XI. Athenian Monuments of Salamis

52. Trophy on Salamis.
Pausanias 1.36.1; Plutarch, Aristides 16.5.
Hitzig and Blümner 1896,1: 346; Perrin 1901: 297; Rouse 1902: 99; Frazer 1913,2: 483-484; Limentani 1964: 44.
Plutarch, Aristides 16.5 (The Athenians, before Plataea, mention to the Spartans their past exploits; cf. no. 4):
“, , . the contest is not for land and city only, as it is for them, but in behaqlf of the trophies of Marathon and Salamis, that might seem to be of the Athenians and not of Miltiades and fate.”
Pausanias 1.36.1:
““In Salamis . . . a trophy stands for the victory for which Themistocles son of Neokles was responsible for the Greeks.”
The trophy for the battle of Salamis is attested by Pausanias and Plutarch. It was set up on Salamis and bu Pausanias’ time it must have been rebuilt in stone. According to an inscription of Hellenistic date (IG 2/32 1028 of 100/99 B. C.), Athenian ephebes were accustomed on occasion to row to the island and make sacrifices to Zeus Tropaios (cf. Rouse 1907: 99).
53. Trophy on the island of Psyttaleia.
Plutarch, Aristides 9.4:
“For the greatest crowd of ships and fiercest part of the battle seems to have occurred around that place. Wherefore a trophy stands on Psyttaleia.”
Perrin 1901: 281; Limentani 1964: 44.
A trophy for the land battle on Psyttaleia, which took place during the naval battle in the Salamis strait (Hdt. 8.95), is not attested elsewhere. Pausanias mentions a trophy on Salamis (no. 52) but none on Psyttaleia. His failure to mention it may suggest that it was not rebuilt in stone, although Plutarch implies that one was preserved there at least until his time (tropaion hesteken). Pausanias, however, was selective as to the monuments and topographical features he chose to mention (cf. 1.39.3) and it was quite customary for a Greek army to set up a trophy for victory.
54. Painting, at Olympia, of Salamis holding the ornament of a ship’s beak.
Pausanias 5.11.5-6 (describing the temple of Zeus at Olympia):
“As many of the screens as are opposite the doors have been lined with blue (plaster) and the remaining spaces are covered by the paintings of Panaenus; in them is Atlas holding the heavens, and nearby Herakles wanting to receive the burden of Atlas, still further Theseus and Pirithoos and Greece and Salamis holding in their hands an ornament that is made for the bows of ships, and of the labors of Herakles, the struggle against the Nemean lion, and the sin of Ajax against Cassandra, Hippodameia, the wife of Oenomaus with his mother and Prometheus, still bound in his chains, and Herakles is working for him. . . . Last is the painting of Penthesileia releasing her soul and Achilles holding on to her. And two of the Hesperides bring apples from which they say that the effort of watch is nourished.”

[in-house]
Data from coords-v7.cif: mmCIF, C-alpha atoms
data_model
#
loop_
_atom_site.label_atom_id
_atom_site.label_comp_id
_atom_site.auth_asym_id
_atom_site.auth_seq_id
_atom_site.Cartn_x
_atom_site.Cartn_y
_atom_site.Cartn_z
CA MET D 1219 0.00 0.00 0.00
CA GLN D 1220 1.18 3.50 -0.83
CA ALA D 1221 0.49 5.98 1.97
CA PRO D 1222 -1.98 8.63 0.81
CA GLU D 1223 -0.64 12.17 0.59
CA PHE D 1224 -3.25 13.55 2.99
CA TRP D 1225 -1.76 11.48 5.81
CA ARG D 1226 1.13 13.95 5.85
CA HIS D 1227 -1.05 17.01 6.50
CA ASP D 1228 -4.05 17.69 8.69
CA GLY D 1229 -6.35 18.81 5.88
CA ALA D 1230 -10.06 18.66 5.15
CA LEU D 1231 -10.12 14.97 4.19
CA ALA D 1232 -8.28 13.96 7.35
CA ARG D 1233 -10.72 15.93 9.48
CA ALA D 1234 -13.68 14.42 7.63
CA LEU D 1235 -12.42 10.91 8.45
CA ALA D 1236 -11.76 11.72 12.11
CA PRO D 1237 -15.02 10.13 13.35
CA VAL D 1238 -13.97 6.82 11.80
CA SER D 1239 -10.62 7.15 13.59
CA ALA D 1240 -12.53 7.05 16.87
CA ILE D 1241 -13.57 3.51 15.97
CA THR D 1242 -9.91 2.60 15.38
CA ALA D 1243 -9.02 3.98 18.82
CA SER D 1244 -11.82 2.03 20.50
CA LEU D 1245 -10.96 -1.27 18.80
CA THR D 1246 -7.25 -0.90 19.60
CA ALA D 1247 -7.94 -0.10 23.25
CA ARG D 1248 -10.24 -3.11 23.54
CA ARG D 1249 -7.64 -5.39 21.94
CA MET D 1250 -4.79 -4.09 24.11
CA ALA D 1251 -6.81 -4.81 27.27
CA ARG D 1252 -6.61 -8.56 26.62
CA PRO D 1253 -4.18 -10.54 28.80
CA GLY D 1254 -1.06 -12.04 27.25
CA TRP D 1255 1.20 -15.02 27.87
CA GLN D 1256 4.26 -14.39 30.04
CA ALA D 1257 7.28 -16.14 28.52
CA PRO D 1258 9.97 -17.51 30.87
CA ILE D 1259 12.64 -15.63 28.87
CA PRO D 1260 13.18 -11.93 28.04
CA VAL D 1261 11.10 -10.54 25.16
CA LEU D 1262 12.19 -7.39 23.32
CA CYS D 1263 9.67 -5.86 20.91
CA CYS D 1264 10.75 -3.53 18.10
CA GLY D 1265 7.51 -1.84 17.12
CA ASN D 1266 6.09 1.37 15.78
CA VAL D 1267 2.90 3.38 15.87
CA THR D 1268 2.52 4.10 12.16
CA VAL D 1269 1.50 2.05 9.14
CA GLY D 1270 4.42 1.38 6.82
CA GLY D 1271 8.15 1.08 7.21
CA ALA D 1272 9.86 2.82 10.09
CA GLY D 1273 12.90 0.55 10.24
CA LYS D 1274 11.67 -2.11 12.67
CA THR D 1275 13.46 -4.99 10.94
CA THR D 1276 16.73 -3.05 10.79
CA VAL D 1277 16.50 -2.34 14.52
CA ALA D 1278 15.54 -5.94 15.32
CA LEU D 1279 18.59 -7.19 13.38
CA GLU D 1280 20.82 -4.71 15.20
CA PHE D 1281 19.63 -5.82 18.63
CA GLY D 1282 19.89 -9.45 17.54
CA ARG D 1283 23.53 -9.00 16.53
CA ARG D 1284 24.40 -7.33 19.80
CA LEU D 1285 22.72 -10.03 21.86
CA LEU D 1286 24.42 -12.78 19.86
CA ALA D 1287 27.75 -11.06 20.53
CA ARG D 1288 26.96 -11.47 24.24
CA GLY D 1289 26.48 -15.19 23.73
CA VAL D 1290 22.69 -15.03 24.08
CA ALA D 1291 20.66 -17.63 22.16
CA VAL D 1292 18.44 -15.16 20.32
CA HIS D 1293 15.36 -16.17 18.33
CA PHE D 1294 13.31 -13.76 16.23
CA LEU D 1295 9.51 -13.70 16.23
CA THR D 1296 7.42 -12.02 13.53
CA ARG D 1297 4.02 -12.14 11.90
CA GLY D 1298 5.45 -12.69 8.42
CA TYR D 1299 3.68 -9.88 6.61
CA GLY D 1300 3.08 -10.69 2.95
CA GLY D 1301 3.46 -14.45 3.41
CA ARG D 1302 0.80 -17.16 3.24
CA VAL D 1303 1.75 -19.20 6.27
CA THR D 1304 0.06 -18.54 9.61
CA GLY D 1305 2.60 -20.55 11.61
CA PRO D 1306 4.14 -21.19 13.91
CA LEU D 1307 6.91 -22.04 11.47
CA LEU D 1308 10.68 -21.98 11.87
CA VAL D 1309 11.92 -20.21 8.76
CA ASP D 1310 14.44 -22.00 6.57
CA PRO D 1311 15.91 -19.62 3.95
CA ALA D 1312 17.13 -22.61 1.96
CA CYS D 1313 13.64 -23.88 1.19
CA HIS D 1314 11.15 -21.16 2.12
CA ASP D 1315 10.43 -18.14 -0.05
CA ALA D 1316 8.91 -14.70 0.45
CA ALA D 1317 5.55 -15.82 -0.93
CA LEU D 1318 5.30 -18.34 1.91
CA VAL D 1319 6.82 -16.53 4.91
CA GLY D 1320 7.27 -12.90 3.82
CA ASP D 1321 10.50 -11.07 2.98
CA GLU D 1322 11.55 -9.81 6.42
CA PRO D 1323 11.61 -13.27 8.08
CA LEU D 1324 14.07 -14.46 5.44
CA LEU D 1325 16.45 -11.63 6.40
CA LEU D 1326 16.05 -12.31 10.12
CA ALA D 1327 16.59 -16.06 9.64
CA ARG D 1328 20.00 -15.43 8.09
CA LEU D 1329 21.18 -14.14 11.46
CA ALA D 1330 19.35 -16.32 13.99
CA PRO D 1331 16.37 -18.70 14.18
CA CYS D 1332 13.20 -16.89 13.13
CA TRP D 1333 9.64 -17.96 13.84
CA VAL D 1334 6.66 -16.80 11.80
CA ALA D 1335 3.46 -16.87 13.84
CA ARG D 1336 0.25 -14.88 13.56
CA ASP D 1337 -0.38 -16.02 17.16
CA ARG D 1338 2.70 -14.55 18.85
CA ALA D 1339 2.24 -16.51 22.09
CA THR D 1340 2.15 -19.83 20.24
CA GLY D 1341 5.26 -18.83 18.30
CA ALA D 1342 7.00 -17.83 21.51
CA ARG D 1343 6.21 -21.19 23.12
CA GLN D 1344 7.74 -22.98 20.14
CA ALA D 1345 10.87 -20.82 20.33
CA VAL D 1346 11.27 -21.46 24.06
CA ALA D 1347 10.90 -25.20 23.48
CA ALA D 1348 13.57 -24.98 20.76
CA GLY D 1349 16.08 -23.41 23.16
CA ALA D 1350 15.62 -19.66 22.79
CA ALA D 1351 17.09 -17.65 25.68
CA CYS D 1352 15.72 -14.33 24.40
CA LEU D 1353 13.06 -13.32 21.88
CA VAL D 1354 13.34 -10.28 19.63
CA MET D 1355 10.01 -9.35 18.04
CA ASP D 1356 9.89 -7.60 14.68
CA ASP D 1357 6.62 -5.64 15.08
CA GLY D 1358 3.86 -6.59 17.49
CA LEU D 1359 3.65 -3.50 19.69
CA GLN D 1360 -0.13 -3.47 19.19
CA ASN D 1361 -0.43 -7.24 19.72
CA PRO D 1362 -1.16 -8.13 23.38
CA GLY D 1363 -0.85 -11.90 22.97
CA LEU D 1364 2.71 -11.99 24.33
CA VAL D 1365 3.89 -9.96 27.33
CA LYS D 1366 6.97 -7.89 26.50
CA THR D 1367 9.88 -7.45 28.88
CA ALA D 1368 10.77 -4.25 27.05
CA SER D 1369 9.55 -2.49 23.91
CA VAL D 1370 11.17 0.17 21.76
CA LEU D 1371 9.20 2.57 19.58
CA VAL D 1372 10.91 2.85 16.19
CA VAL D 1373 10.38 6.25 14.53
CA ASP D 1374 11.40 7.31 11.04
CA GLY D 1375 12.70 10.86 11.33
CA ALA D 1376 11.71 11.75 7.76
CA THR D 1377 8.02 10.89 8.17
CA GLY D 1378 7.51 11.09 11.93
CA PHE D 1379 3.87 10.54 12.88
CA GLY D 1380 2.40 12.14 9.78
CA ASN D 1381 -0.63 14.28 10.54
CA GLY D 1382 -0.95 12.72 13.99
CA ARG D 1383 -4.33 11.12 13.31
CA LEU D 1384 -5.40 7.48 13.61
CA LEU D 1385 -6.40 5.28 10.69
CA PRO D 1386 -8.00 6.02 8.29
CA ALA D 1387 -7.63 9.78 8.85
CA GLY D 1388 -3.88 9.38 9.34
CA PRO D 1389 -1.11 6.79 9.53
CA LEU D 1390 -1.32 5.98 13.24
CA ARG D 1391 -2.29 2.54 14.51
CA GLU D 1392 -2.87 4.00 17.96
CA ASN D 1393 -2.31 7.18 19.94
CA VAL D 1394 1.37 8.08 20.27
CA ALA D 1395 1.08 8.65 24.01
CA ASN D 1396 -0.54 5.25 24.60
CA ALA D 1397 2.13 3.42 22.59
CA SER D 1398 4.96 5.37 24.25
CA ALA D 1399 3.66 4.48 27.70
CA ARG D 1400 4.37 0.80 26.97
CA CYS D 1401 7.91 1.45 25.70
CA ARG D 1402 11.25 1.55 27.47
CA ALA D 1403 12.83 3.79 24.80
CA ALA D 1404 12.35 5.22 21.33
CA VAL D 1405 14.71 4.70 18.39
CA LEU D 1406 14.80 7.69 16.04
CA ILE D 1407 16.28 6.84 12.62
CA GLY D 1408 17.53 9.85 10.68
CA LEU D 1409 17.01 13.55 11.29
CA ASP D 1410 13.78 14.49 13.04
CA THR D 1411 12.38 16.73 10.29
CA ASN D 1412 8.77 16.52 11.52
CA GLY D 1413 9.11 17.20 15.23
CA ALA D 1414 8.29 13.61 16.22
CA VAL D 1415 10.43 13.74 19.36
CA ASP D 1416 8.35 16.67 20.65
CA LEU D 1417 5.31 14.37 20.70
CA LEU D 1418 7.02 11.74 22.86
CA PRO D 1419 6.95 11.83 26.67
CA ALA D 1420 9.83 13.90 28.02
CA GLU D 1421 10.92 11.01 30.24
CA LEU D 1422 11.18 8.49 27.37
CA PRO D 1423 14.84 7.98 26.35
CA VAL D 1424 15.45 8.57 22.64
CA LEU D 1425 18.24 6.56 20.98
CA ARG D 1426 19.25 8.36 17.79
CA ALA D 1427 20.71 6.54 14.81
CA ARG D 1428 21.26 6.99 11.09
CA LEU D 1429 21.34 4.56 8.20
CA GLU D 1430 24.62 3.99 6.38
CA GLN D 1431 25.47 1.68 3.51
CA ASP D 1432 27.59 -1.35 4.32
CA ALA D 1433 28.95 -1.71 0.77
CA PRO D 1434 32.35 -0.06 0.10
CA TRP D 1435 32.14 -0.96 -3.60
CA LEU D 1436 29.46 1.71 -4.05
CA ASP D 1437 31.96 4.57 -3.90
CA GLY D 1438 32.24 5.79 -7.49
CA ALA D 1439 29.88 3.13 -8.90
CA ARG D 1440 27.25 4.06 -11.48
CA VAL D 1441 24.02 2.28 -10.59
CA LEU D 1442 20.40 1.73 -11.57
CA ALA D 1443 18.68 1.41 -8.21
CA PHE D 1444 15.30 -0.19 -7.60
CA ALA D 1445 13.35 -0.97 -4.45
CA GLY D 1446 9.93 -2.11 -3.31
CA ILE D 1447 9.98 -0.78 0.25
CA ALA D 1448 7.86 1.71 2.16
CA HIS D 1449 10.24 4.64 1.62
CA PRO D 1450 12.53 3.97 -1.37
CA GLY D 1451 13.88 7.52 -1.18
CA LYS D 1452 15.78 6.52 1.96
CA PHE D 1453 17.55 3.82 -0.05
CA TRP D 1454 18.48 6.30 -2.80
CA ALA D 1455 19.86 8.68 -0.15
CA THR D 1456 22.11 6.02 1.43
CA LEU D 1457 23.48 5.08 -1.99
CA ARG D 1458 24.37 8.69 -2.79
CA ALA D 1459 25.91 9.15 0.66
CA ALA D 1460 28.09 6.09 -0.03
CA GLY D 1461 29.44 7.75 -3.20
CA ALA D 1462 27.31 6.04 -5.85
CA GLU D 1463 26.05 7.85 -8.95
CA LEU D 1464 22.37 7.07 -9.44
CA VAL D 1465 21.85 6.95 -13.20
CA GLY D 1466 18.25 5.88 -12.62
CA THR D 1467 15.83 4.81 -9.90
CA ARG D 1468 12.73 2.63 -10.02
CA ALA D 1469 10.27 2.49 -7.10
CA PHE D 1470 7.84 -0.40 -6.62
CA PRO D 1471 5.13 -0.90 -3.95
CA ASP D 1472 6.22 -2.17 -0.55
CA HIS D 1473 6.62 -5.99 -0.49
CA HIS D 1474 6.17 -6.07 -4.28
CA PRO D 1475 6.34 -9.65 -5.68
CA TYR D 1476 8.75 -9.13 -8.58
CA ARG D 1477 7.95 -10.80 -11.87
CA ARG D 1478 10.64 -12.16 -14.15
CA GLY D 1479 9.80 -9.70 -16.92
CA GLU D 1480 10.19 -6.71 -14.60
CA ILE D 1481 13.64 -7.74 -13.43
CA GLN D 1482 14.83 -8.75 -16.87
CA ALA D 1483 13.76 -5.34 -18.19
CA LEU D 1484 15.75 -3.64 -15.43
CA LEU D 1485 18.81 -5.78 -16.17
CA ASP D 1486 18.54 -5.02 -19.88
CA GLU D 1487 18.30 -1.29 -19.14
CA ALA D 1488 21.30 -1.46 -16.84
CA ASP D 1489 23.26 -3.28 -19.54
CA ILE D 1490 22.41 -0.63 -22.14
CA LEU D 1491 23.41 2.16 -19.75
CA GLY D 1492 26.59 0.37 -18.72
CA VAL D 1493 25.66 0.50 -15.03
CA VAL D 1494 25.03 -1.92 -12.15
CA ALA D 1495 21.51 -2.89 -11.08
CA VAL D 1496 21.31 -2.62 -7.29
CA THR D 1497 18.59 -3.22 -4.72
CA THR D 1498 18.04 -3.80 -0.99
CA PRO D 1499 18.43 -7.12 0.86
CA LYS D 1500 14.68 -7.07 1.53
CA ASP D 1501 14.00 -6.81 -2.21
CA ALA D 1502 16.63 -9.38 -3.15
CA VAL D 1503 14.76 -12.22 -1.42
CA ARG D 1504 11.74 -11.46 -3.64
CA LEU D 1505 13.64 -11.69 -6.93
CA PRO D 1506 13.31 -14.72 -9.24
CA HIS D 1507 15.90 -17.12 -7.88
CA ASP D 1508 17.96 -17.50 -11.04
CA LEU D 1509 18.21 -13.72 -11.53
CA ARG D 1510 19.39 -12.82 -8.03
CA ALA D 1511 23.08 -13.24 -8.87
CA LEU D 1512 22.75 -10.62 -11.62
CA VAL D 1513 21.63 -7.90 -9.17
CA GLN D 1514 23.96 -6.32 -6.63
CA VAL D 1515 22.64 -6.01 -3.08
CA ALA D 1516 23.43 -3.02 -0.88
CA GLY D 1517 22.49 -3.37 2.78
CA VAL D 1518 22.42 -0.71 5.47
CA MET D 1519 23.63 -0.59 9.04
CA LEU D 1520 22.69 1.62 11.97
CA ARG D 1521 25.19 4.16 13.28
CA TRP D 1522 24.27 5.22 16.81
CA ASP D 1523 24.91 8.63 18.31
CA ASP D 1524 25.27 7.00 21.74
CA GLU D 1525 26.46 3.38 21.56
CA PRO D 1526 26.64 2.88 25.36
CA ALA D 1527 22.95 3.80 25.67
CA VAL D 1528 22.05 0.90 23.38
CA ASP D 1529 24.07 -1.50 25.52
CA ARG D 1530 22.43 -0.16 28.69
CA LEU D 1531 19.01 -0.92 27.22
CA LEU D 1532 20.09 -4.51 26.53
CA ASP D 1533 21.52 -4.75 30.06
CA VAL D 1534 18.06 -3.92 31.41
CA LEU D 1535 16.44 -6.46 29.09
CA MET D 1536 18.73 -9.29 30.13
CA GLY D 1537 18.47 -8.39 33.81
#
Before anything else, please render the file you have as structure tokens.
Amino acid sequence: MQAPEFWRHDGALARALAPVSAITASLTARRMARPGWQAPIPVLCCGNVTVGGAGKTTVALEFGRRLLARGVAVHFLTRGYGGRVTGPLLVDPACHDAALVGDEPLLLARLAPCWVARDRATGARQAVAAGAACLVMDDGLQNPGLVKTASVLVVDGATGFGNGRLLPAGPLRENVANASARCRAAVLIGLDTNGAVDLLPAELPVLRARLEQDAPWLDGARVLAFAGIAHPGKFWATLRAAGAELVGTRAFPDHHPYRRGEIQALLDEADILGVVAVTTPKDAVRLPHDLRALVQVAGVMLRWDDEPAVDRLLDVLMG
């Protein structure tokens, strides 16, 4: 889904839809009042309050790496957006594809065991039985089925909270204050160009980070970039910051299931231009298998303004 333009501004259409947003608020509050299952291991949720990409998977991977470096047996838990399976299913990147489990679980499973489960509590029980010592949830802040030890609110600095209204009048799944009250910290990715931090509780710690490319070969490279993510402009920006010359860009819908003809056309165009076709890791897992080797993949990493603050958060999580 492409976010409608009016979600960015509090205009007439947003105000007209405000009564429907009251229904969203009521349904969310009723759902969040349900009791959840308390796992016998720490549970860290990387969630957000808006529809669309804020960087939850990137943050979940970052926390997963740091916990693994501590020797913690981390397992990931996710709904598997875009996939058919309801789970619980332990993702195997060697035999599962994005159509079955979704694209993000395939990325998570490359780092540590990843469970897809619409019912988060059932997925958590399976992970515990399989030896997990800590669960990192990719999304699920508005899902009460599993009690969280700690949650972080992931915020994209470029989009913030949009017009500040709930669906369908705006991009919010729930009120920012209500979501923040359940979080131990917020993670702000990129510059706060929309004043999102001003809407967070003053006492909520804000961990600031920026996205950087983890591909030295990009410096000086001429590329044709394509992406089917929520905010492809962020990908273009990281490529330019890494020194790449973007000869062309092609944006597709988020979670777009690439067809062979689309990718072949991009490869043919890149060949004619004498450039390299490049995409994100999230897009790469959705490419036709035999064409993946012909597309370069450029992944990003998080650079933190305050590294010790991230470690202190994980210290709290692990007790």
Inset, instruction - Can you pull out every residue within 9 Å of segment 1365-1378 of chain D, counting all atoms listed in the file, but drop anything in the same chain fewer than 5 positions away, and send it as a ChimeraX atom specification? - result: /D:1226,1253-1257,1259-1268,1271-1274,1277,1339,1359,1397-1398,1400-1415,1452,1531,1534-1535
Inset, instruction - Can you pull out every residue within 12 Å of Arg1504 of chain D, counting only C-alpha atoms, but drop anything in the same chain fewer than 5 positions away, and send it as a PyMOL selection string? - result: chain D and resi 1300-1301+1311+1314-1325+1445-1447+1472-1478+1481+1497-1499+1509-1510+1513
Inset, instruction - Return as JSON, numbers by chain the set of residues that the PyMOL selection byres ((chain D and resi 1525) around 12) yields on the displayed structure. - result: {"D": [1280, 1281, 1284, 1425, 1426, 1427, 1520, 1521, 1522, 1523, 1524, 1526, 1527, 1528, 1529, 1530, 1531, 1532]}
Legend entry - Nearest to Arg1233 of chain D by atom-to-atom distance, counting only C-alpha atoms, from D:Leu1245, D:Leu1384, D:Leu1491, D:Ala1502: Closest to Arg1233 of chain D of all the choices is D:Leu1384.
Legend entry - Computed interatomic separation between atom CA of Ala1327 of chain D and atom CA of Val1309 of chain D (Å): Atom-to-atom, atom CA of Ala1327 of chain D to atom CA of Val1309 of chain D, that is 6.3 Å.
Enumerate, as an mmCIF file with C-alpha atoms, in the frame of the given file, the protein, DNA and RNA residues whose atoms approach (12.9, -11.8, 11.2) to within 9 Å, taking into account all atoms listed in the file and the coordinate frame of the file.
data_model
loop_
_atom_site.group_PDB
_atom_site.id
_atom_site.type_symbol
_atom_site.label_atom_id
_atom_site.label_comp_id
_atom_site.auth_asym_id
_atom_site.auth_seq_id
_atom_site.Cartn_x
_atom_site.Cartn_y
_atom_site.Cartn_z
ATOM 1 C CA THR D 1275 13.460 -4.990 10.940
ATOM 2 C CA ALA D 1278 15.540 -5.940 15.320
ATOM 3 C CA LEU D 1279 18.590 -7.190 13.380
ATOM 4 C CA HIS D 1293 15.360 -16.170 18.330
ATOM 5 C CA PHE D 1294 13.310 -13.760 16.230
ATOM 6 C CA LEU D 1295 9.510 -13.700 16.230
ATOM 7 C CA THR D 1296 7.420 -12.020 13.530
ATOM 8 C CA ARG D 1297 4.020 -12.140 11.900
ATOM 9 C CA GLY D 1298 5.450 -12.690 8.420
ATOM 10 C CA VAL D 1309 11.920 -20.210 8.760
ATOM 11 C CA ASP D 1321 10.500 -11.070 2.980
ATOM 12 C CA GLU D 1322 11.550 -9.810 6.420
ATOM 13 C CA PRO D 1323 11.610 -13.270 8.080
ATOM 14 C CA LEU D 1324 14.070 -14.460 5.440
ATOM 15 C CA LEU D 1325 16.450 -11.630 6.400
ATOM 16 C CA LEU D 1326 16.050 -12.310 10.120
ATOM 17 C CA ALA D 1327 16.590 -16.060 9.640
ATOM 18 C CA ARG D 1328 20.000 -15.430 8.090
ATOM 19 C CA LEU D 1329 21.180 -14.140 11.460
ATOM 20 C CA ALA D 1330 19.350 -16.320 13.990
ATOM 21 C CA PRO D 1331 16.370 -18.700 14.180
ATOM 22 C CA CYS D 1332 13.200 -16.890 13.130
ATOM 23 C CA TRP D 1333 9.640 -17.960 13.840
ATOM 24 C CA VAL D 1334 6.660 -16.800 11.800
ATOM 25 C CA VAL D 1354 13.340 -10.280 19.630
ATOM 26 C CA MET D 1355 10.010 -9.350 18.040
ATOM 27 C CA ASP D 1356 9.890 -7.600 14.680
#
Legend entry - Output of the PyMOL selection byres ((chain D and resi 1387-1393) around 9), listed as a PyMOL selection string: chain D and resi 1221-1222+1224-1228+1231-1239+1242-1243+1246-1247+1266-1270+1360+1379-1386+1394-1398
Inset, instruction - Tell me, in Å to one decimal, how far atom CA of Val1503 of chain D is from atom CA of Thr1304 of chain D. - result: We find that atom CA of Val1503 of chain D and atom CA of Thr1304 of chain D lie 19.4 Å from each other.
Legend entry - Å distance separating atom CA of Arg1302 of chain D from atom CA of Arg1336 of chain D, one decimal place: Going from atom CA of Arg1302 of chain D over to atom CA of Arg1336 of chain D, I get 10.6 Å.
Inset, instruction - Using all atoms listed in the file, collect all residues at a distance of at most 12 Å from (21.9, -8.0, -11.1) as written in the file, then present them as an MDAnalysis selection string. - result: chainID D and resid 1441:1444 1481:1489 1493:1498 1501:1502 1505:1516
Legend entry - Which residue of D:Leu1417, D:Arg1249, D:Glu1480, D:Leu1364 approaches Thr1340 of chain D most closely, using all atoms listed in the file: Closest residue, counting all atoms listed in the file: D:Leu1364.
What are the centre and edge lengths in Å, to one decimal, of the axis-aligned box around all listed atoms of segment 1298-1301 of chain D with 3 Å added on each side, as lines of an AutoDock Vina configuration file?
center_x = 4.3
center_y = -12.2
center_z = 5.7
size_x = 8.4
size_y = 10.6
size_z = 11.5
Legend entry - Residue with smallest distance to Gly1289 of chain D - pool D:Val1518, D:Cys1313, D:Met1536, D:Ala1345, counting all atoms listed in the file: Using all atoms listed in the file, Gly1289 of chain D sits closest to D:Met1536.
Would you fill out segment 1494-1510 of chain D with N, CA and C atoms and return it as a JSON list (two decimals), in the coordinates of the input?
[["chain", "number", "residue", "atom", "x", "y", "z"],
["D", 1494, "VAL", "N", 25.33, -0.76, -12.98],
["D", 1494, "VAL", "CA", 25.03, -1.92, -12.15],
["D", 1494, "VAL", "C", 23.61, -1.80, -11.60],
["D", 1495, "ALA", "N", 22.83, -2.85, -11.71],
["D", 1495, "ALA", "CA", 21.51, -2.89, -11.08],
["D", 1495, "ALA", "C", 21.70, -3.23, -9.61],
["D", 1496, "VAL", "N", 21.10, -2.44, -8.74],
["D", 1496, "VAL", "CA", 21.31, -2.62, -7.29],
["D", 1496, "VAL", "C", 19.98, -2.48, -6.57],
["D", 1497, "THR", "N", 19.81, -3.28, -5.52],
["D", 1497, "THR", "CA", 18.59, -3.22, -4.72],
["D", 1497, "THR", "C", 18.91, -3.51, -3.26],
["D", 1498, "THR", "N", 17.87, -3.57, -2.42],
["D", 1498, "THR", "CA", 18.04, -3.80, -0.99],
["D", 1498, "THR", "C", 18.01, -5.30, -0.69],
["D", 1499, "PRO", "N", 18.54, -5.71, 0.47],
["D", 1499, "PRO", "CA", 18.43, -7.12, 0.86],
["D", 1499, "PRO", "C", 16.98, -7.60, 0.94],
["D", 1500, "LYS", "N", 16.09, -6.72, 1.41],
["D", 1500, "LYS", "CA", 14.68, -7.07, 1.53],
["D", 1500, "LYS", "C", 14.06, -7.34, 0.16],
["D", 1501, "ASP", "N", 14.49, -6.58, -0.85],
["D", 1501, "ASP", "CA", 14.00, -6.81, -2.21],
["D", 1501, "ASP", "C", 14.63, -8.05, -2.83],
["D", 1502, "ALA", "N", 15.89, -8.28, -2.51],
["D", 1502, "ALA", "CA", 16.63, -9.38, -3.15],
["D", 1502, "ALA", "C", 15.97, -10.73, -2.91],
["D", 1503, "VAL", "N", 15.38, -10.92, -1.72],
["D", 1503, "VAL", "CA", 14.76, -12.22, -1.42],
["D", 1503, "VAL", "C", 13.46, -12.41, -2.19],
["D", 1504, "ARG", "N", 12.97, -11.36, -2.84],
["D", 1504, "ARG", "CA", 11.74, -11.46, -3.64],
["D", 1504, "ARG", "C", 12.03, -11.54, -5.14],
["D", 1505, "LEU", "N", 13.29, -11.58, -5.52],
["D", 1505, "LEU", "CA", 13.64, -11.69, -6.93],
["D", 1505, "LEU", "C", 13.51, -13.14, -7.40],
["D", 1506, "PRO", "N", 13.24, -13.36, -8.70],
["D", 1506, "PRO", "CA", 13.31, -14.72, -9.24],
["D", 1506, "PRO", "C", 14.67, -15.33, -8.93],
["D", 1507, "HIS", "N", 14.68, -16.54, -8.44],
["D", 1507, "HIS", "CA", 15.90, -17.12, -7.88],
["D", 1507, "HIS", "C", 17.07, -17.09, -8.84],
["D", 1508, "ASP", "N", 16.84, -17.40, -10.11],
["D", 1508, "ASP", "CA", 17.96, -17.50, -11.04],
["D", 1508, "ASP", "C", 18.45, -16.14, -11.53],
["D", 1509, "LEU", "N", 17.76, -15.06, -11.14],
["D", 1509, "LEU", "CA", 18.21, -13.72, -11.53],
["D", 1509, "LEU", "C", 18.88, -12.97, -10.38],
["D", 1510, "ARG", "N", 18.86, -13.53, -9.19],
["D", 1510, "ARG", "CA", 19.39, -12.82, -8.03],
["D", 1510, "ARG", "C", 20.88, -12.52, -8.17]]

Hitzig and Blümner 1896,2: 345-346; Frazer 1913,3: 536-540; Wiesner 1939: 90-91.
Panaenus’ painting at Olympia of Greece and Salamis, the latter holding the ornament of a ship’s beak, is one of a group of nine. The remaining eight paintings of various mythological subjects were probably not related to that of Greece and Salamis.
Pausanias elsewhere (5.11.6) remarks that Panaenus was the brother of Phidias and credits him also with the famous painting of the battle of Marathon in the Stoa Poikile (no. 14). Similar to the painting is the Panhellenic dedication at Delphi, a statue of Apollo holding in his hand the beak of a ship (no. 29). For the many arrangements of the pictures proposed by modern scholars, see Wiesner 1939: 90-91.
55. Sanctuary of the hero Cychreus on Salamis.
Pausanias 1.36.1.
Hitzig and Blümner1896,1: 347; Rouse 1907: 120; Frazer 1913,2: 484; Eitrem 1922.
Pausanias 1.36.1 (describing the island of Salamis):
“There is a sanctuary of Cychreus (i, e., on Salamis). When the Athenians were fighting against the Medes it was said that a snake appeared among the ships. The god foretold that this was the hero Cychreus.”
The sanctuary for the hero Cychreus on Salamis is attested only in this passage by Pausanias, but there is other evidence that Cychreus was worshipped at Athens (cf. Plut., Theseus 10; Solon 10). The sanctuary on Salamis may have been there before the battle, since Cychreus was an old local hero of the island. He appeared at Salamis as other heroes appeared at Marathon. Yet Pausanias apparently connects the worship of Cychreus by the Athenians with the battle. For the honoring of other local heroes of Salamis see no. 28 and Hdt. 8.64,83-84.
56. Small fragment of a marble stele with an epigram possibly commemorating Salamis and Plataea.
SEG 13.34 (Found in the Library of Hadrian and mentioned in the notes of J. Kirchner).
Peek 1953; cf. Meritt 1962: 297.
SEG 13.34:
[. . . . . . . . . πε]ζοὶ τε καὶ ḥ[ιππς]
[. . . . . . . . . ]
[ἀθάνατον δ’ Αἴαντος hάμα κλέος hέσπετ]ο νέσοι
[hενίκα . . . . . . .]
[……… on fo]ot and h[orses]
[deathless glory for Ajax followe]d his island
[when ……..]
The stone is a small fragment mentioned in the notes of J. Kirchner among the collection of the Library of Hadrian in Athens. It attracted the attention of Peek, who was furnished a description of the stone by E. Vanderpool (Peek 1953: 306). Peek claimed that a victory epigram for Salamis and Platae, unknown in the literary tradition, had now been found.
The evidence for this attribution, however, seems slight. If the poem is an epigram only line one and three are preserved. In the preserved text men on foot and an island are referred to; hippous may possibly be restored in line one.